Some trace the start of the berry boom to the late 1990s, when Tufts University researchers showed that a diet of blueberry supplements helped alleviate age-related declines in motor and brain function in rats. In addition, blueberries are rich in anthocyanins, pigments that provide the dark-blue color and offer antioxidant benefits. The Tufts findings fueled hundreds of studies on the effects of other berries on cancer prevention and heart health, says Mary Ann Lila, director of North Carolina State University’s Plants for Human Health Institute.
Next came acai, the small, black berry from Brazil, which made a splash in 2008, when TV doctor Mehmet Oz called the acai an “antiaging” food.
The tiny, purple aronia berry, or chokeberry, a native of the eastern U.S., had all but disappeared from cultivation until growers saw its potential as a health food. The Midwest Aronia Association formed in 2008. Westin Foods, of Omaha, Neb., whose top-selling food product is bacon, now sells aronia berries under the Superberries brand in packets of gummy chews for kids and in concentrate form for adding to smoothies.
Unfamiliar berry flavors can be earthy or tart, as in the case of goji berries and bilberries, which are the blueberry’s smaller, tarter cousins. To introduce these flavors to consumers, many companies blend them with sweeter, more-familiar flavors, like raspberry or pomegranate, says Ed Nappen, a senior marketing manager for International Flavors & Fragrances Inc., IFF -1.30% the big supplier of ingredients based in New York.
On the radar for next year is the Olallieberry, a hybrid cross of loganberry and youngberry that is known locally in California, says Andrea Ramirez, customer marketing manager for Torani, a San Francisco maker of berry and other flavored syrups. “Seasonally you see it around here in pies and other desserts,” she says. “It tastes sweet and tart and is especially good in lemonades, iced teas and cocktails.”
Barberries are tart, currant-size red berries known primarily in Iranian cooking. Dried barberries—called zereshk—can be found in Middle Eastern markets. Clif Bar & Co.’s “Kit’s Organic” line of snack bars, launched a year ago, features a Berry Almond flavor that contains barberries along with dates, bilberries, almonds and sea salt.
“I had never heard of them until our cook in the kitchen said, ‘Hey, try these,’ ” says Tara DelloIacono Thies, Clif Bar’s registered dietitian.
“Shocked” is how she describes her reaction to the flavor. They give a “nice balance” to the sweet dates, she adds, and their smaller-than-a-raisin size adds unique texture.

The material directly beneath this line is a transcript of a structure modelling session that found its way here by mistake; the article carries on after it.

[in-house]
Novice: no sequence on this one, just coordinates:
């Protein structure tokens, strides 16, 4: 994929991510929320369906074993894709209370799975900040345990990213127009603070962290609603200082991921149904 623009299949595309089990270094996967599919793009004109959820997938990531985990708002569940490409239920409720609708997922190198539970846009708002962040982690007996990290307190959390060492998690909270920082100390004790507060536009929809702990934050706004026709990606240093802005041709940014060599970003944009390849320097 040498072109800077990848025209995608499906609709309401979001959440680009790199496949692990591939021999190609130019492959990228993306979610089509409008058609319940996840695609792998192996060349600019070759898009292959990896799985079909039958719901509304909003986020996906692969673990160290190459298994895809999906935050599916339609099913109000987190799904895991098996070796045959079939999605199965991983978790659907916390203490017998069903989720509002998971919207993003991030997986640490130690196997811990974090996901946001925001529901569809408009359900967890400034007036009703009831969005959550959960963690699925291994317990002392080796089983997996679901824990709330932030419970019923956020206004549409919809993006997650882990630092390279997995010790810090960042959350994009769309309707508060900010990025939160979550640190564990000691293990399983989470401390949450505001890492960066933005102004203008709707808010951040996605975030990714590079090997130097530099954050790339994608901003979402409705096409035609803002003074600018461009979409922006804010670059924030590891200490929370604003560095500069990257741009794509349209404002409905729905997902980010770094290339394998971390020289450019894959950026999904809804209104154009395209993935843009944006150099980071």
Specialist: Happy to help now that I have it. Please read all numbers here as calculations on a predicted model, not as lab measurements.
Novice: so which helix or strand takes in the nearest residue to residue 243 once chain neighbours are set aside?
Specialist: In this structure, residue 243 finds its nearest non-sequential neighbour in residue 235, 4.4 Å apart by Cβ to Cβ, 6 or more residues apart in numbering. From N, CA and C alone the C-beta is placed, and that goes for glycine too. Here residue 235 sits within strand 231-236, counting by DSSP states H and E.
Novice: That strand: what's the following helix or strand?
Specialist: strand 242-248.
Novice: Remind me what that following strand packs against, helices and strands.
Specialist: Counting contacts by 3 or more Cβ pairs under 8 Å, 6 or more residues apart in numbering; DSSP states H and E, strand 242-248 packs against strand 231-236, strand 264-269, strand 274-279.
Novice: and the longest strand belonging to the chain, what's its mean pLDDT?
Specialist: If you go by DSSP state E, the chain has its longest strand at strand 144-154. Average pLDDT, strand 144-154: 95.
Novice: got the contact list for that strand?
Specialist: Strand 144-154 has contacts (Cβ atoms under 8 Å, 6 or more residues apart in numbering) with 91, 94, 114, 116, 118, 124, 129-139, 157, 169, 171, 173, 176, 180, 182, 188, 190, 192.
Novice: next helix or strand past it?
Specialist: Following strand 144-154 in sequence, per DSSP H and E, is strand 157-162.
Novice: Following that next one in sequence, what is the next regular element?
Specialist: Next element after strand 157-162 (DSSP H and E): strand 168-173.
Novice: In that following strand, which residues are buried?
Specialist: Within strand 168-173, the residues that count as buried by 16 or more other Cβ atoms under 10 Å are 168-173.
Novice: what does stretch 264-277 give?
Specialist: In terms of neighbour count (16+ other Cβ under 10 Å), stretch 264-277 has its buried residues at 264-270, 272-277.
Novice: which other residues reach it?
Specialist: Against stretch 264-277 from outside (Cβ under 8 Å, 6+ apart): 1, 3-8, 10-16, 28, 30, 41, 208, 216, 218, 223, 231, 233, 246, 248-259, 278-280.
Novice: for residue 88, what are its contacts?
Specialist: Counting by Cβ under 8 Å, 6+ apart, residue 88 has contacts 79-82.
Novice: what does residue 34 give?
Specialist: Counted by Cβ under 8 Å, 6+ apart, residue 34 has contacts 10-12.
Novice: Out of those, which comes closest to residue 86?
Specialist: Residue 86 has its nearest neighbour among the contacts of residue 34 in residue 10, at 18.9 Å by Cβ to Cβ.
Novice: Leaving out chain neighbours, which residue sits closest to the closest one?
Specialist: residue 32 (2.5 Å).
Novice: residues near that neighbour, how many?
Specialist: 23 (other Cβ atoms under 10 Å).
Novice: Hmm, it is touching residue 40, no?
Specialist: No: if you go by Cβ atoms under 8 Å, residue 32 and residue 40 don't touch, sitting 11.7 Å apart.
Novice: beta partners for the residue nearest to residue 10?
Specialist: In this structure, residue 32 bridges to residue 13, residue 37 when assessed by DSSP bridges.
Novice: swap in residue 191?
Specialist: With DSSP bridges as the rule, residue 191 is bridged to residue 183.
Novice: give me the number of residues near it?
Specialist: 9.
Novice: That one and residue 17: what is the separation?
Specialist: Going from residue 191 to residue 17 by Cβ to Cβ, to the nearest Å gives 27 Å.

Write to Anne Marie Chaker at email@example.com
A version of this article appeared July 10, 2013, on page D1 in the U.S. edition of The Wall Street Journal, with the headline: America’s Next Top Super Berry?.
Blueberries, Strawberries Protect the Heart
The berry connection was uncovered in a new study led by Dr. Eric Rimm, associate professor at the Harvard School of Public Health and Harvard Medical School. He and his team gathered data from 93,600 women, who, at ages 25 to 42, signed up for the Nurses’ Health Study. Over the course of 18 years, they reported how often they ate various kinds of food.
Berries emerged as a protective factor. Women who ate the most blueberries and strawberries were 34% less likely to have suffered a heart attack during the study period than women who ate the least of these fruits.
How much berries are needed? “The people with heart benefits had three or more servings of half a cup of blueberries or strawberries each week,” Rimm says.
The study focused on young and middle-aged women. But the findings likely apply to everyone, including men.
“The sooner people start the type of diet that includes a higher intake of blueberries and strawberries, the better,” Dr. Rimm says.
Read the full-length article from the Harvard Heart Letter: “Eat blueberries and strawberries three times per week”
The Harvard Heart Letter is available from Harvard Health Publications, the publishing division of Harvard Medical School, for $20 per year. Subscribe at www.health.harvard.edu/heart or by calling 877-649-9457 (toll-free).